Laws and mercy both: Trump should welcome Bahamas evacuees – Washington Examiner

On Saturday morning, a cruise ship carried 1,435 evacuees from the devastated Bahamas into the port at West Palm Beach, Florida. Most of those on board were Bahamian citizens, but more than 40 nations were represented among the refugees welcomed into the U.S. that morning.

Another ferry, carrying hundreds more evacuees, arrived after midnight on Sunday. That ferry also brought a disturbing story of a ferry operator who wrongly kicked off Bahamians who lacked visas to enter the U.S. The truth is that the U.S. isn’t demanding visas from anyone evacuating the Bahamas right now. We are welcoming them as part of our duty to house the homeless.

President Trump should own this moment. Instead of warning about how some gang members may be in the Bahamas, as Trump did on Monday afternoon, or trumpeting restrictions on whom we will admit, the president should go to the port at Palm Beach and hug the Bahamian families coming off the boat, declaring, “Welcome to America.” And he should do what it takes to make sure we help as many victims of Hurricane Dorian as possible.

If Trump visibly and enthusiastically embraced the hurricane victims seeking shelter here, he would send very important messages around the U.S. and abroad: We are a country of both laws and mercy, and both traits are embedded in our national DNA.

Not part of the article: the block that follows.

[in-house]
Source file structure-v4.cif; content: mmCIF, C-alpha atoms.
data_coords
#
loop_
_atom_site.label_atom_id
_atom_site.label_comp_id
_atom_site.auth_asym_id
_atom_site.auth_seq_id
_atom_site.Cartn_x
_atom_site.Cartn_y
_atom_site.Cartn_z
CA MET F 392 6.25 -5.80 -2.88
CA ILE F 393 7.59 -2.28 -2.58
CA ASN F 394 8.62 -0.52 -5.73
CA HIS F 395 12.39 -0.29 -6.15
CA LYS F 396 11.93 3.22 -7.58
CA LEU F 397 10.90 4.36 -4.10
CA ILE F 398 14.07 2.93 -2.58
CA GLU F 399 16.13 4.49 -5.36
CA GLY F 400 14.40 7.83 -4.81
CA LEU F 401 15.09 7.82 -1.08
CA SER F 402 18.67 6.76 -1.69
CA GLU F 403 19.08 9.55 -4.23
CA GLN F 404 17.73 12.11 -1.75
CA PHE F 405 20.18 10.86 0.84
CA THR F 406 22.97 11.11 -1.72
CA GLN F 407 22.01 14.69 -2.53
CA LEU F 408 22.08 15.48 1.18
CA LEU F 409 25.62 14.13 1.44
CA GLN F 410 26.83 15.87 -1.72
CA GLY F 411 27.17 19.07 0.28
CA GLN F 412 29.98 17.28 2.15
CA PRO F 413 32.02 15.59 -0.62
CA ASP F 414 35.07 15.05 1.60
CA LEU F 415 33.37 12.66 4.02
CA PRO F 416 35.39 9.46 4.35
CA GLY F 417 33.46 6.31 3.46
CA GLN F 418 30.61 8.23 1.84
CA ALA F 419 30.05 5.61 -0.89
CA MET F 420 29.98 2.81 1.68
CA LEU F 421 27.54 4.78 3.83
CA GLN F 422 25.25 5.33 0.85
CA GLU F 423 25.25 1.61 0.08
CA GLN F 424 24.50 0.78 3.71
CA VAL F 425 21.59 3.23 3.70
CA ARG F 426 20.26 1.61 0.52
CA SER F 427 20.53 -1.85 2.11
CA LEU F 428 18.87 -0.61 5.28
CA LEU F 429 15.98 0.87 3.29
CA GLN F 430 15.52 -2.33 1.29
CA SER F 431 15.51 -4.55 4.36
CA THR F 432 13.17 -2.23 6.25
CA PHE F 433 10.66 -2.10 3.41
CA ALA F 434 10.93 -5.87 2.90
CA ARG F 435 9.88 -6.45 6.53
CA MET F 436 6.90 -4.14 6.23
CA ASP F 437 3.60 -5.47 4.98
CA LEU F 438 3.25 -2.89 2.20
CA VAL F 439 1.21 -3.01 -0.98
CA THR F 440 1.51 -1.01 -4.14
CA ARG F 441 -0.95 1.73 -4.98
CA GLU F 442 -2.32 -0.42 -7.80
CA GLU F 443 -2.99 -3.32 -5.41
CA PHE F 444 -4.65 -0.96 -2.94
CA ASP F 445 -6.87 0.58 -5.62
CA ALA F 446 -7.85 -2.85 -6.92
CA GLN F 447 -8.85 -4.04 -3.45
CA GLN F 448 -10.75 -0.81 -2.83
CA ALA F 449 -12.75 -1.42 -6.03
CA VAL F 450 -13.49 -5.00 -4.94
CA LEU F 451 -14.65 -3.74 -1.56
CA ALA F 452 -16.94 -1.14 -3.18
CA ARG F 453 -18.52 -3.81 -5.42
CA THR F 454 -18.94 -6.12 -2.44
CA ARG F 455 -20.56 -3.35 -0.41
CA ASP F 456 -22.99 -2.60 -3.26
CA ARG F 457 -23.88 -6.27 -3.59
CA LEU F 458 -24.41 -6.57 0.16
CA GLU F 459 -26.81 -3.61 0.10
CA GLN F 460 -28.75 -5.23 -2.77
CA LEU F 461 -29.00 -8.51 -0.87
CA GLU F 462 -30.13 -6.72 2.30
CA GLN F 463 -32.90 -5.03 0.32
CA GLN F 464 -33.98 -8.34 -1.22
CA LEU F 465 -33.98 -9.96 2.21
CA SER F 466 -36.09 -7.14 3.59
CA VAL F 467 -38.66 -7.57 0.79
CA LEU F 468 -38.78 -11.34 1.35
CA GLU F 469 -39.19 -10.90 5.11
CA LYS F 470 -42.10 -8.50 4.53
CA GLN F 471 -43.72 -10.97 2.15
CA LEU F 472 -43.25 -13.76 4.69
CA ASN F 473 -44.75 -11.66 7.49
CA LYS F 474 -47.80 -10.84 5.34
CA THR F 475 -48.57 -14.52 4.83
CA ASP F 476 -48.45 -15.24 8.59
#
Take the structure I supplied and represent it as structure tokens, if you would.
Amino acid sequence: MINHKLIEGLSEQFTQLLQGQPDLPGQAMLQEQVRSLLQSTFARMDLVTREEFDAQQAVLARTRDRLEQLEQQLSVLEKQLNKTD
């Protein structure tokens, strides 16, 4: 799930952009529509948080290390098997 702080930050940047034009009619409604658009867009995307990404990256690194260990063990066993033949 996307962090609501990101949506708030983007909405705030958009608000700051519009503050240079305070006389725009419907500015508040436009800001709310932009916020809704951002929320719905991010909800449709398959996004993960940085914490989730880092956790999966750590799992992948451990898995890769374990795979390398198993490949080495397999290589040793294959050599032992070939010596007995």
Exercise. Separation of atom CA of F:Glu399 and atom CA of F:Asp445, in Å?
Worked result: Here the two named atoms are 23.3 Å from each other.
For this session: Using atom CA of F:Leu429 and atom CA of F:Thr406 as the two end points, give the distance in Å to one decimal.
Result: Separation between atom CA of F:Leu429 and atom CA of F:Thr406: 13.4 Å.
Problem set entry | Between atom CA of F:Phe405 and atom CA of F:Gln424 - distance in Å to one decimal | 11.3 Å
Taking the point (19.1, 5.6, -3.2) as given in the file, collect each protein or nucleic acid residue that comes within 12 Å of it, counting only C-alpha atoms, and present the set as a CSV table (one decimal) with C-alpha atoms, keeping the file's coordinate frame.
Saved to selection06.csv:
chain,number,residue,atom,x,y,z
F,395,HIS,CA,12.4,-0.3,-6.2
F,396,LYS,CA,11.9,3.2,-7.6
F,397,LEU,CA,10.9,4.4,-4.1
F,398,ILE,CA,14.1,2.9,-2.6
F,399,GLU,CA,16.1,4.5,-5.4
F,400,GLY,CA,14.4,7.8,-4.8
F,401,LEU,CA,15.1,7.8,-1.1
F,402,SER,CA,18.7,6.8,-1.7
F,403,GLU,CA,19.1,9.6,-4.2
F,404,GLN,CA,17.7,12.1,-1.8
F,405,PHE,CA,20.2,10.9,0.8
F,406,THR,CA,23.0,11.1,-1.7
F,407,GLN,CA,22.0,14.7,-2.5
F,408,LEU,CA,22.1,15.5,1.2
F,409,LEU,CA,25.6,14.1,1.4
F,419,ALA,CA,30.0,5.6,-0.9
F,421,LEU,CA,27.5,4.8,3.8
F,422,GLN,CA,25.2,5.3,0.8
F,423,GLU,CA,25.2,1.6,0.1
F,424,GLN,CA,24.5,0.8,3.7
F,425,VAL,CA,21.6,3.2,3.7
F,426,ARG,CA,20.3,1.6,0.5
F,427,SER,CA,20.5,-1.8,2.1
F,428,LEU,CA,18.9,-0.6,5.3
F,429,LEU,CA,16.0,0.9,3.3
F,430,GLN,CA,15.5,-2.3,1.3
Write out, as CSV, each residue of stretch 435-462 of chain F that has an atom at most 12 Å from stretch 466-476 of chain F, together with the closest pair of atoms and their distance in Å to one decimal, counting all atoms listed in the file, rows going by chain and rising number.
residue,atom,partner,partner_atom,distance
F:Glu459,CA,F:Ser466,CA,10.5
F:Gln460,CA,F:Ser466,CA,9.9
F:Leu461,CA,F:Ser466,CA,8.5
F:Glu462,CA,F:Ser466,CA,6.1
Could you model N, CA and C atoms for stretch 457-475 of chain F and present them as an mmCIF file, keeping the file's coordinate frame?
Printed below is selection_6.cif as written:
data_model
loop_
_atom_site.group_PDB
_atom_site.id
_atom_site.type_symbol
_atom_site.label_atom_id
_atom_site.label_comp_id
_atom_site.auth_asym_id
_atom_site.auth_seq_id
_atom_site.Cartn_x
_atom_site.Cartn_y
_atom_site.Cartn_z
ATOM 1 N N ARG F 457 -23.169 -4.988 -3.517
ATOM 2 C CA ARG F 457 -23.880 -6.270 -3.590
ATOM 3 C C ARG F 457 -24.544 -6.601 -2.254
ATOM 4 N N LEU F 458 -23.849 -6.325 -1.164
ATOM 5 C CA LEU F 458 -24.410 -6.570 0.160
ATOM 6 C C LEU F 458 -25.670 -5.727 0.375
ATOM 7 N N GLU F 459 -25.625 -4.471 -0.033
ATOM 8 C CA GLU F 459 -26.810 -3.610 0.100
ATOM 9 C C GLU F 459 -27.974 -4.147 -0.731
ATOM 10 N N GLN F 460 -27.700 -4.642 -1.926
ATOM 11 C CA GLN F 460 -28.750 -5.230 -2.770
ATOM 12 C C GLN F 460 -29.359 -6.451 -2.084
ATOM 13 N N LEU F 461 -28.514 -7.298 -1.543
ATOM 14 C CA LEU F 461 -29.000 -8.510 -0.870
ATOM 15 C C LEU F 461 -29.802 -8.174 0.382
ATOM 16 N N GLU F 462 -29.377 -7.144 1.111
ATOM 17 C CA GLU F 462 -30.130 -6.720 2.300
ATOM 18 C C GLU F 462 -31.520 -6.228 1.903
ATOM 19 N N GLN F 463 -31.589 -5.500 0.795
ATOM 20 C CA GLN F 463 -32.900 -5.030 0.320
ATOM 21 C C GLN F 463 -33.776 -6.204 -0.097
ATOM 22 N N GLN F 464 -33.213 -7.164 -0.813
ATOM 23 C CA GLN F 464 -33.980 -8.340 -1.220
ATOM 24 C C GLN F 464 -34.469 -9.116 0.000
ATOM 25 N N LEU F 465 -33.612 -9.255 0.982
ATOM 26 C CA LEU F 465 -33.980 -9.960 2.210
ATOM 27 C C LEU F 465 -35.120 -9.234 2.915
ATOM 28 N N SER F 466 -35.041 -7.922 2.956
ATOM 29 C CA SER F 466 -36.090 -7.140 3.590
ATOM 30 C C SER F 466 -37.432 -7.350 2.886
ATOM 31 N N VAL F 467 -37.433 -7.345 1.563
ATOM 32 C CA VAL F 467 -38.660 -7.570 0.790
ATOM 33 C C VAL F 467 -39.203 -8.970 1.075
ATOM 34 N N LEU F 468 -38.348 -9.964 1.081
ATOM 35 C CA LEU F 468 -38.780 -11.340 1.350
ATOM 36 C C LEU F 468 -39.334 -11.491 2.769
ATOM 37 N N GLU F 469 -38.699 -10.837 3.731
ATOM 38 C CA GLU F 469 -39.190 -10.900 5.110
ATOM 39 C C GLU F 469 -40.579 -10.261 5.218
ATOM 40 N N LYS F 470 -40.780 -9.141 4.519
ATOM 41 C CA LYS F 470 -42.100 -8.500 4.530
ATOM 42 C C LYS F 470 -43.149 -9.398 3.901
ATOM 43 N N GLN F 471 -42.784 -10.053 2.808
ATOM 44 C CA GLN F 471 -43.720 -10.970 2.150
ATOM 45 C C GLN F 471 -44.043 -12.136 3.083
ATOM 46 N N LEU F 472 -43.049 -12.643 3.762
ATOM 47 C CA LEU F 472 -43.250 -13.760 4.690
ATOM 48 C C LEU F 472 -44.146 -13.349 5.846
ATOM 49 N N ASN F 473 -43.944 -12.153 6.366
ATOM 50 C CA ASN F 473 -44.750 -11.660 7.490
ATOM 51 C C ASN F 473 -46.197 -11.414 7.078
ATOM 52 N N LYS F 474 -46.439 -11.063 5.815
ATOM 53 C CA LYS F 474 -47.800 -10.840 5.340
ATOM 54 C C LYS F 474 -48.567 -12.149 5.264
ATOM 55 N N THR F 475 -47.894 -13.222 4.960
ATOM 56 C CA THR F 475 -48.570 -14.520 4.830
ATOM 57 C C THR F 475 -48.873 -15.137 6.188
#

America is a nation grounded in a particular morality, specifically the morality of the Bible, which offers the inspiration for the U.S. to be a light unto the nations, and a shining city on a hill. That means it serves as an example of liberty and law, but it also means we are a port in the storm.

An individual has a duty to house the homeless and to aid the stranger. As a nation, we have a duty to take in those who need our help. That doesn’t mean we need to accept everyone everywhere who wants to come to the U.S. Not everyone who wants to come here is fleeing devastation or persecution. And a family displaced from Guatemala or persecuted in Iran should be primarily focused on the need to go to the nearest safe country.

But the Bahamians are our neighbors. We have a national duty toward them of hospitality. That’s exactly why we’ve already taken in hundreds or thousands of evacuees. Our friendship with this next-door neighbor is codified in an agreement that Bahamians can enter the U.S. without a visa.

This is a metaphorical version of the “big beautiful gate” Trump promised in his dreamed-of wall. That image of a big wall with a big gate is one of a nation that exercises its right to determine who enters and who is kept out, but one that exercises that power with mercy and openness, especially preferential toward those in dire need.

Trump should go to Palm Beach and make himself the face of that mercy.

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